After initial suggestions that death-ray-wielding Americans were to blame, Russian space agency Roscosmos has concluded that its lost Martian probe, Phobos-Grunt, was cripped by space radiation.
Russia was understandably upset and perhaps more than a little embarrassed when the Phobos-Grunt probe - slated to explore a Martian moon - failed to escape Earth’s orbit and crashed into the ocean.
The failed Mars probe that was left spinning out of control when contact was lost shortly after takeoff, has crashed safely to Earth in the southern Pacific.
The stricken Russian spacecraft, Phobos-Grunt, is likely to crash to Earth on Sunday or Monday, say scientists tracking its path.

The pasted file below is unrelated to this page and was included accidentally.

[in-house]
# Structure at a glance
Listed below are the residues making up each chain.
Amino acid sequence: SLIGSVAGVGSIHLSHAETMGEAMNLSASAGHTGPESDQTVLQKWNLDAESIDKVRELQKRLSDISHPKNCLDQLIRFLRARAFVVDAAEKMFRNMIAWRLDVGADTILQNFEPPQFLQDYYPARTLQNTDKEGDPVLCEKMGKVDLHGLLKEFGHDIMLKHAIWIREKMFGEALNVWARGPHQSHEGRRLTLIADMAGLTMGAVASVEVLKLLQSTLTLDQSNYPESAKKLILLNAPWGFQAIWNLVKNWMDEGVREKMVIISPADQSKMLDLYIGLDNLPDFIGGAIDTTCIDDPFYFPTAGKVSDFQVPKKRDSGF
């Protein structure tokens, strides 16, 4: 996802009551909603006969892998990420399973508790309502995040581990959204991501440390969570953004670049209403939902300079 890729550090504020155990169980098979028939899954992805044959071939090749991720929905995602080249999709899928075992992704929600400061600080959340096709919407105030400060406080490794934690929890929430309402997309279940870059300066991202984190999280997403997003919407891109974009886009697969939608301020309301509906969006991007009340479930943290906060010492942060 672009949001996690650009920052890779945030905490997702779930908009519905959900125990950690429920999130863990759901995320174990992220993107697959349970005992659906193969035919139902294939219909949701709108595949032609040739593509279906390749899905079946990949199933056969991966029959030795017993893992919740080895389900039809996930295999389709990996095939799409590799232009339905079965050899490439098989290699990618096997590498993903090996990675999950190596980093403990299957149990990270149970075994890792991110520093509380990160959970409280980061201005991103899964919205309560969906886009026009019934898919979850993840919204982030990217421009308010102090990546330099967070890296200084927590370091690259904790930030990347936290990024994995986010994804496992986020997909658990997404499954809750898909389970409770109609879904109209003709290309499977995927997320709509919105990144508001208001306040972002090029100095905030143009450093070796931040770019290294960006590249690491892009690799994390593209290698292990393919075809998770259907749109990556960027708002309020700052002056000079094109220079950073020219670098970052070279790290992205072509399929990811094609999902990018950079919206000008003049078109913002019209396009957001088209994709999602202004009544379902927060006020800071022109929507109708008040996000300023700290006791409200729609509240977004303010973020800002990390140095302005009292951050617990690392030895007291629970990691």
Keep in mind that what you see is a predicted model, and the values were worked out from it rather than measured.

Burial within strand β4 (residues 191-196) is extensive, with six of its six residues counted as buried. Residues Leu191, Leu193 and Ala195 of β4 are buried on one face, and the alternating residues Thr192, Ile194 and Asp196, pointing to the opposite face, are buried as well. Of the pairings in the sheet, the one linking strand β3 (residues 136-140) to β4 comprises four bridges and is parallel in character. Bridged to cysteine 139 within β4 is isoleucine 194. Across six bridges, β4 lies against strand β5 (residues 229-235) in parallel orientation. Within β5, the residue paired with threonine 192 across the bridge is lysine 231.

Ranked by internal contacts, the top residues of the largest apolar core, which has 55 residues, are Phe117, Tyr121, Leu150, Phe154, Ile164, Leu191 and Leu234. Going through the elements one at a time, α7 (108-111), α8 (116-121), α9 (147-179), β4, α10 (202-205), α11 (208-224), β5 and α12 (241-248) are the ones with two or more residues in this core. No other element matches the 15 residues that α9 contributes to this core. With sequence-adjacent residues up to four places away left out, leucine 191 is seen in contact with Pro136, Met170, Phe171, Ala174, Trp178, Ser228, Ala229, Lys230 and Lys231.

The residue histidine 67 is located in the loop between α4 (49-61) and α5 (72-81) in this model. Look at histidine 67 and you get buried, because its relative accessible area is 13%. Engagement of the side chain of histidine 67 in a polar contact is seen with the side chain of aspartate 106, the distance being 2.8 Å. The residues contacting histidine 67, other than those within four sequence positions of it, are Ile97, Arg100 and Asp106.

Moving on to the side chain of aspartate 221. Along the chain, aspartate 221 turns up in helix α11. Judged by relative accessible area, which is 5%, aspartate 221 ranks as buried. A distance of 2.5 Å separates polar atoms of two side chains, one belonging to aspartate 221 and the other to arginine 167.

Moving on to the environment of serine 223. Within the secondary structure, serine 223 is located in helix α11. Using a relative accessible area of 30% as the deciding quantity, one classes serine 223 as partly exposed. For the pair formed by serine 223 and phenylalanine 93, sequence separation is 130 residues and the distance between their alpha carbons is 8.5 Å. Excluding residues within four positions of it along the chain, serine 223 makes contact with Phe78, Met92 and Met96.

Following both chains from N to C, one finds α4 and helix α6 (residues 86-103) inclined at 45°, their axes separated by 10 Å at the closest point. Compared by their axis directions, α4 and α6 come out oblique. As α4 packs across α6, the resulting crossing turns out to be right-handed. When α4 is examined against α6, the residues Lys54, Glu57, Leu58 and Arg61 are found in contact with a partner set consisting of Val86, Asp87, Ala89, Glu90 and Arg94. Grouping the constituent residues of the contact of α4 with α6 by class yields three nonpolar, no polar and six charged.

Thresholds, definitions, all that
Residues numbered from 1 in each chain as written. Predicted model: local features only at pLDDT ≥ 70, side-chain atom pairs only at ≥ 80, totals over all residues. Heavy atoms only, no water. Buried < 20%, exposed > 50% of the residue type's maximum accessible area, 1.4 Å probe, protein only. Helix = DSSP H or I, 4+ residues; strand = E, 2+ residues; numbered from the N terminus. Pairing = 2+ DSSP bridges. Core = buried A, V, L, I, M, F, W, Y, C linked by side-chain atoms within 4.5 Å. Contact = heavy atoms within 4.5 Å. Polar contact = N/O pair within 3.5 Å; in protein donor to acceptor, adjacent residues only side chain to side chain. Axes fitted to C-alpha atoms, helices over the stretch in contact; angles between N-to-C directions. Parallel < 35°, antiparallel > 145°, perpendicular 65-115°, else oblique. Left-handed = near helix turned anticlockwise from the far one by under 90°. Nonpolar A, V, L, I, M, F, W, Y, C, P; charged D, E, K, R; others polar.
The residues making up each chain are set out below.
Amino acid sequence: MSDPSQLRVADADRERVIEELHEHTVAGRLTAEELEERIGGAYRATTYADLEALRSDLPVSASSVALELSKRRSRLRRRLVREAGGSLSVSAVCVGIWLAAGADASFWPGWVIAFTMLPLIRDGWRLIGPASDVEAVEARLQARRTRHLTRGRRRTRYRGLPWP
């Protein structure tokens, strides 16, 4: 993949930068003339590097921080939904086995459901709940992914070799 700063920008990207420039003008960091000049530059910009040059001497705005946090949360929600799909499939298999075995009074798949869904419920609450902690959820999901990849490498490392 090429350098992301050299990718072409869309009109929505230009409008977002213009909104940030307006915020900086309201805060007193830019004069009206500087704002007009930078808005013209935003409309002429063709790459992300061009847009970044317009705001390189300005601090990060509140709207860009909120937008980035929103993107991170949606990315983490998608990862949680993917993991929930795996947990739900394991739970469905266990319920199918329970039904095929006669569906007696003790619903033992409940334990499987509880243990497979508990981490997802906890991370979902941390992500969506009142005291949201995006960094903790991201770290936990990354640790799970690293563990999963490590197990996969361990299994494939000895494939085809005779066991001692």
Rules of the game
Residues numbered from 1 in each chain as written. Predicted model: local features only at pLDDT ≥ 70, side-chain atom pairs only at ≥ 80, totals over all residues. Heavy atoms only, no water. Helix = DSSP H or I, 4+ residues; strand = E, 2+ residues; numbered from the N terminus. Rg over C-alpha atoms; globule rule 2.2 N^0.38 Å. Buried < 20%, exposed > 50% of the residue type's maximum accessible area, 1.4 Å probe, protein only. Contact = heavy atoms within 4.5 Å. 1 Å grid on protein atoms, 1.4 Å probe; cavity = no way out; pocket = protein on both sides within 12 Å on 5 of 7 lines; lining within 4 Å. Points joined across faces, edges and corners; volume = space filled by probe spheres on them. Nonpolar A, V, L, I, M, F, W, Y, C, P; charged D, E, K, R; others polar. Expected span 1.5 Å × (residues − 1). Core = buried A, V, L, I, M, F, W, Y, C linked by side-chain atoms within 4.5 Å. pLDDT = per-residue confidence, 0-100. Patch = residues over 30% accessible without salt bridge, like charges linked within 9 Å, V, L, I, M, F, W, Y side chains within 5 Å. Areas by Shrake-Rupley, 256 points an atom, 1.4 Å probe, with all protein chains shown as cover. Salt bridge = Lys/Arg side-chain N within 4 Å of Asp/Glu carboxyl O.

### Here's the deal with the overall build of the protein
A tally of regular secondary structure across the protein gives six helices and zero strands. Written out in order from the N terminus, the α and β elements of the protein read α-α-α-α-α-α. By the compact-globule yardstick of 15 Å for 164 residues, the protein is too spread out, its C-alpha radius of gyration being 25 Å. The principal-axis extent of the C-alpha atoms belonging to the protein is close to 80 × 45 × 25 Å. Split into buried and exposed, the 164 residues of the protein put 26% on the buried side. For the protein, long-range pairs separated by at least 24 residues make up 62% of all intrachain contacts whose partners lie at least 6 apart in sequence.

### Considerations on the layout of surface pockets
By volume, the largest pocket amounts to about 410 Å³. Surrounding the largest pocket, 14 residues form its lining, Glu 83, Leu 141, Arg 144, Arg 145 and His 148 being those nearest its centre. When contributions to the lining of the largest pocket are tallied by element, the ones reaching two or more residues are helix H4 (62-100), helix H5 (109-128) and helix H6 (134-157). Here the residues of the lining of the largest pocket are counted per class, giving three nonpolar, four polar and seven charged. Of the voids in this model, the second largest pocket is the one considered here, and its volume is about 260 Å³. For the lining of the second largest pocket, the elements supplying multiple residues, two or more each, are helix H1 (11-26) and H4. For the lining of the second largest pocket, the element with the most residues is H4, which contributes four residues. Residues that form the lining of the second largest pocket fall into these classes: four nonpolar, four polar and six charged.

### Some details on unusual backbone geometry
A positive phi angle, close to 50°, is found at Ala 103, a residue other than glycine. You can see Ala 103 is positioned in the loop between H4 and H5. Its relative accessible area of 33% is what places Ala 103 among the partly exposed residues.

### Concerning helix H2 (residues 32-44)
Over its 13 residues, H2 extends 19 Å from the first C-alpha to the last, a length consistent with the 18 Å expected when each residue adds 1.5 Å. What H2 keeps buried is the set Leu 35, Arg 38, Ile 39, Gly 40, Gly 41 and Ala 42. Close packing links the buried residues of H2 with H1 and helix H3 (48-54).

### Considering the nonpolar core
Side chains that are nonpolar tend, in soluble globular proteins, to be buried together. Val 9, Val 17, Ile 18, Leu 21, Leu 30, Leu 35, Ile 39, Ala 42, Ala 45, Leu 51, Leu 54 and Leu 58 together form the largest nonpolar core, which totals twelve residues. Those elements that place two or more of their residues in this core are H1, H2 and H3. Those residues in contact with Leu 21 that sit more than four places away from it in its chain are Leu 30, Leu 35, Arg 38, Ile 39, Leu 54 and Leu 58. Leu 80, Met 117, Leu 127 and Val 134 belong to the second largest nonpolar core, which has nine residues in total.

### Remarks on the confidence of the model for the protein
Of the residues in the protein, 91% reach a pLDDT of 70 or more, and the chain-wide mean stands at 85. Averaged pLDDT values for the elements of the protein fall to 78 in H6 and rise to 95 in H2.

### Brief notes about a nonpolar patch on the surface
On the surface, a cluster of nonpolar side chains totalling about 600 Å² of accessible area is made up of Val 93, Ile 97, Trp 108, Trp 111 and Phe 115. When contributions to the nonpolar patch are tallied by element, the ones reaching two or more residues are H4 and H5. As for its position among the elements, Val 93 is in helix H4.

Communication with the stranded Phobos-Grunt Martian probe is coming and going, following a first successful contact on Tuesday.
The European Space Agency says that one of its ground stations has managed to re-establish contact with Russia's Phobos-Grunt probe, two weeks after control was lost.
Russian scientists still can't contact the lost Martian probe Phobos-Grunt, state media are reporting - and there's a danger it could fall to Earth with a massively toxic explosion.
A Russian Mars probe, its first interplanetary mission in 15 years, failed to take the correct course after launch, the Russian space agency has reported.